Recurring Revenue Authors: Liz McMillan, Yeshim Deniz, Elizabeth White, Roger Strukhoff, Pat Romanski

Related Topics: Containers Expo Blog, Weblogic, Microsoft Cloud, Recurring Revenue, Artificial Intelligence, Log Management, Server Monitoring, @CloudExpo

Containers Expo Blog: Blog Feed Post

Cloud Computing Is the Next Great Land Rush and It Is Happening Now

Cleaning Up the Cloud Computing Pricing Mess

Cloud Computing is the next great land rush and it is happening now.  All the major technology companies have their offerings.  And it seems like everyone is entering the market – even the hosting companies want in on the land rush.

In theory, migration to the Cloud makes business sense; you’re enabling companies to rent computing power that would cost them too much to buy.  I won’t bore you with yet another blog post on the ‘what is it’ topic.  There is a great synopsis of Cloud Computing published by Mache Creeger and I recommend checking it out.  In our model, we’re allowing companies to pool their resources on the supply side of Cloud Computing and leverage a much bigger, better shared infrastructure on the demand side of the equation.

Cloud Computing is about lower costs and greater use of resources.  Greater flexibility, more options and overall, more computing power.  It’s a shared cost.  And it’s based on what you use.  Or is it?

One of the areas of Cloud Computing that still needs to be addressed is the issue of pricing.  Pricing the Cloud has gone beyond complex and confusing and entered the realm of ridiculous on some levels.  We’ve met with countless service providers in the past year and the basic message is clear:  Come back when you can give me something that doesn’t need a PhD from MIT to decipher.  This message was also pretty clear at last month’s Interop Las Vegas event.

The odd thing is that everyone agrees that Cloud Computing pricing needs to be standardized.  Many companies want this to be an industry group that develops standardization. Industry groups and alliances have been throwing this topic around for a long time now – we’ve seen this question come up for more than two years.  But why is it that nothing has happened?  As a company that has what I would call truly transparent pricing, I’ve been confused about this for a while.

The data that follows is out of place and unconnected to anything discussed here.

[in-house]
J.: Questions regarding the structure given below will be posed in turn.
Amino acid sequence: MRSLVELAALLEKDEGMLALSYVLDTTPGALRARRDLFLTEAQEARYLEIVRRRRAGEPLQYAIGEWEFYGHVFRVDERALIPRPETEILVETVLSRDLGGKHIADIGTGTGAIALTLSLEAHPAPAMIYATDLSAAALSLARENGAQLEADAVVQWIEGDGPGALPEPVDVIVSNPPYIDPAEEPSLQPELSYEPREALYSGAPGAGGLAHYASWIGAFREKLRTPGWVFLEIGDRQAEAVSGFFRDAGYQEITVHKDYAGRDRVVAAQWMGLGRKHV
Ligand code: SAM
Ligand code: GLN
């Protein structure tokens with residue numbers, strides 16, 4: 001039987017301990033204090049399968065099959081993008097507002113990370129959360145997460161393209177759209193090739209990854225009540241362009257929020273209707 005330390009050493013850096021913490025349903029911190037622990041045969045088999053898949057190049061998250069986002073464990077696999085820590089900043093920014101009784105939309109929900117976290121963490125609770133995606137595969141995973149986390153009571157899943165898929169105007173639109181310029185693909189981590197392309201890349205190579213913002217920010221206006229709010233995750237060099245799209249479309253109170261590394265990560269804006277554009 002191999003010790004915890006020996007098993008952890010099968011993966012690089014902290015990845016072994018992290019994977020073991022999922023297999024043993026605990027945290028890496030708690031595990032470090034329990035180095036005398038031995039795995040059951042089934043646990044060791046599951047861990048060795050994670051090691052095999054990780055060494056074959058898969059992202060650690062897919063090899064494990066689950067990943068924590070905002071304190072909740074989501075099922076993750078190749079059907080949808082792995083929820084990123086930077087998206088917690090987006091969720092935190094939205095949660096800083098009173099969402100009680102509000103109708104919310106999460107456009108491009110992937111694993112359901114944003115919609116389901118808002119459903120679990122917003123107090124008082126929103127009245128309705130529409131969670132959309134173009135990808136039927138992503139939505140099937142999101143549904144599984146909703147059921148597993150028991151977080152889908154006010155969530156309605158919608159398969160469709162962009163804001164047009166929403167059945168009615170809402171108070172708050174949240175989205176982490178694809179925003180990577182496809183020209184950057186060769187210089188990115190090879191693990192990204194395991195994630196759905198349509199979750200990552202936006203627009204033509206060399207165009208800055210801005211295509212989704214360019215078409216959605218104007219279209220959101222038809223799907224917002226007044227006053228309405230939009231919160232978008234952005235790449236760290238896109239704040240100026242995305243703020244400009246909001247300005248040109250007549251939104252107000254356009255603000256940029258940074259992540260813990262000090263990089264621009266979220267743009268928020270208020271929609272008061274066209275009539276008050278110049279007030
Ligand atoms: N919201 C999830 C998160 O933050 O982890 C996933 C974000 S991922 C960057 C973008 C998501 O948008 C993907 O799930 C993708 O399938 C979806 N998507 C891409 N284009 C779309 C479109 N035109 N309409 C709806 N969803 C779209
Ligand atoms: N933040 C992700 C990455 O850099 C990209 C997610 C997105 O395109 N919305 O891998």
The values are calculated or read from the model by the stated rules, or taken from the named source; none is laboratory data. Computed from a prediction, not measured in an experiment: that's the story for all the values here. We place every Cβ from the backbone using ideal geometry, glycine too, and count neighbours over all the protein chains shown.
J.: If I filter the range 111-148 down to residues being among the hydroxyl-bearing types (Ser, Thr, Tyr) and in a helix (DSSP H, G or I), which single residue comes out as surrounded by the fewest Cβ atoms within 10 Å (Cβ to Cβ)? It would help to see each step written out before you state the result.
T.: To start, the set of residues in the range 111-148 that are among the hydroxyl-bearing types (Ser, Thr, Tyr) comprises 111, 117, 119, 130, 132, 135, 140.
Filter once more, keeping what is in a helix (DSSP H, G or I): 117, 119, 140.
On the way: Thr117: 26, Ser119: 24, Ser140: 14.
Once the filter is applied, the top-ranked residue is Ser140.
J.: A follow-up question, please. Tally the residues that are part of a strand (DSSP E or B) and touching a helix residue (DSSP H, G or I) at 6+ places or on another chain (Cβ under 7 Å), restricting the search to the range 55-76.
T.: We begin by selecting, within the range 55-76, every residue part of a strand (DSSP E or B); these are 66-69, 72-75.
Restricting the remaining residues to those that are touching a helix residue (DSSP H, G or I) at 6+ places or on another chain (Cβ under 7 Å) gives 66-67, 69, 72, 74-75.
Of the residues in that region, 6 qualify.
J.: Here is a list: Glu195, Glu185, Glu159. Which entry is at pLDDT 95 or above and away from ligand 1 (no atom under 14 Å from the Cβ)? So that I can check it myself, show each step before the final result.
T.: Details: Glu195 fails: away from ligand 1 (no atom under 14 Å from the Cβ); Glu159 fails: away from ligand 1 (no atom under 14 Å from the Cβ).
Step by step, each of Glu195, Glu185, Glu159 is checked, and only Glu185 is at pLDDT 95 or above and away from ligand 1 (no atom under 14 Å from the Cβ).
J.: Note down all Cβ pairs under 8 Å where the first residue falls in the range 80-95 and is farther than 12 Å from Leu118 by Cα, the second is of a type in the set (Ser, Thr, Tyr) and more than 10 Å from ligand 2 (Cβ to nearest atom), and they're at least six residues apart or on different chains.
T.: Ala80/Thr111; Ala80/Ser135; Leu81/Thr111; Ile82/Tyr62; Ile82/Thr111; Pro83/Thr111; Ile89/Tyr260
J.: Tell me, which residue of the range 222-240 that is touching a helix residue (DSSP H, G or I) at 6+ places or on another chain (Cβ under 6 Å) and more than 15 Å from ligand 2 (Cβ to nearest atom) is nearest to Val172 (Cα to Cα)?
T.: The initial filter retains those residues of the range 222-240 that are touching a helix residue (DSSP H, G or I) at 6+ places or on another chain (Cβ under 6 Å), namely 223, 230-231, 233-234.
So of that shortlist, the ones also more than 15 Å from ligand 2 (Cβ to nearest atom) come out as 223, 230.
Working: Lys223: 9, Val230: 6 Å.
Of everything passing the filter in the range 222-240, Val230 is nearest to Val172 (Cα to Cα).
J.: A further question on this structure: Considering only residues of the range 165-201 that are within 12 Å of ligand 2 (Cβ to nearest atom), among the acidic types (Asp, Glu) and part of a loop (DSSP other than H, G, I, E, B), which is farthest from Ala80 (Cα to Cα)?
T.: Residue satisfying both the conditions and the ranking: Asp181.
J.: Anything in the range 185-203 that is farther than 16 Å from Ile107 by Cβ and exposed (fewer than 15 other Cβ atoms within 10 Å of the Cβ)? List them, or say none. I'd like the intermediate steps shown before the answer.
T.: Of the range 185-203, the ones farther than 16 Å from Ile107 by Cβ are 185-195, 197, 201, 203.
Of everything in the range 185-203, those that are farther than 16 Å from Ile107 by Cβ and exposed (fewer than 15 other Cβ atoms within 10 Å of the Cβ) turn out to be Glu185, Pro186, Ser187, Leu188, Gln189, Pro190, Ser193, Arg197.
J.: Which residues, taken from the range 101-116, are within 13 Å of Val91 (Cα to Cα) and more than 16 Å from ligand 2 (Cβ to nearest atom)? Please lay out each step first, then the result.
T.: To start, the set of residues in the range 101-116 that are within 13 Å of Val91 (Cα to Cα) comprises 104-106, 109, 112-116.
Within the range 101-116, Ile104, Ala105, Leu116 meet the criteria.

I was recently on a conference call with a potential data center partner when I got insight into what I truly believe is the answer.

Standardized pricing and corresponding tools that allow end user customers to peer into the rack and seriously drill down into the granular cost of the Cloud are simply bad for business.

In fact, the parties on the supply side of Cloud Computing – elastic computing providers, managed hosting companies, platform-as-a-service shops, big iron manufacturers, etc. – don’t have much incentive at all to strive toward pricing transparency and standardization.  Why would magic quadrant hosting providers or heavily vested IaaS providers effectively even the playing field by adopting a standard pricing metric when it is their brand that is ultimately buttering their bread today?  Is a company like Amazon or Google really going to adopt the same pricing standard as every other company getting into the race?  Maybe, but don’t hold your breath in hopes to see them at the front of the line.

I think the work of Cloud standards advocates like Reuven Cohen of Enomoly has been really great for cracking the nut of Cloud interoperability.  But it may be a stretch when they dream of Cloud interoperability extending beyond the technical exchange and integration of systems and data.   Here is a reality check:  All the big Cloud Computing providers in the market are profiting from preventing the very process of commoditization they allegedly support.  And even if you aren’t part of that group, pricing is an integral part of the profit picture and thus cannot be decoupled from the discussion.  Just because you get together and document some sort of standard or benchmark doesn’t mean you’ve solved the problem for the stakeholder that matters most (the customer).  In fact, I think these types of standards groups may only serve to muddy the waters further on the subject because they don’t pay enough attention to  the connection with the bottom line for a Cloud operator.

Understanding the profit motivations of the Cloud providers and then dissecting the current modus operandi for pricing exposes a huge gap that I think will shape a big part of cloud development initiatives in the next few years.

Let me give you an example to prove my point:

Cloud Computing service providers seem to believe that they can and should charge for the Cloud on an hourly basis.  On the surface that sounds great, because it’s better than paying for a machine for the whole month, isn’t it?  But underneath there is a lot more to it.  Think about it.  If you use a server for one minute of an hour, you’re charged for the whole hour.  That’s crazy.  One sixtieth of an hour costs you the whole hour?  Sure the pricing is reduced, but what are you really getting?  I think Allan Leinwand captures broader implications of this silliness quite well when analyzing the state of Cloud pricing.  He said, “CPU hours: that’s not something I go buy. I buy a blade server, and the hours are infinite, they’re mine.” Leinwand has a big point and it has a direct impact on the future capability of Cloud Providers to achieve mainstream relevance to the average enterprise.  6fusion’s CEO and co-founder John Cowan analyzes the implications of pricing on the buying community here in a separate post.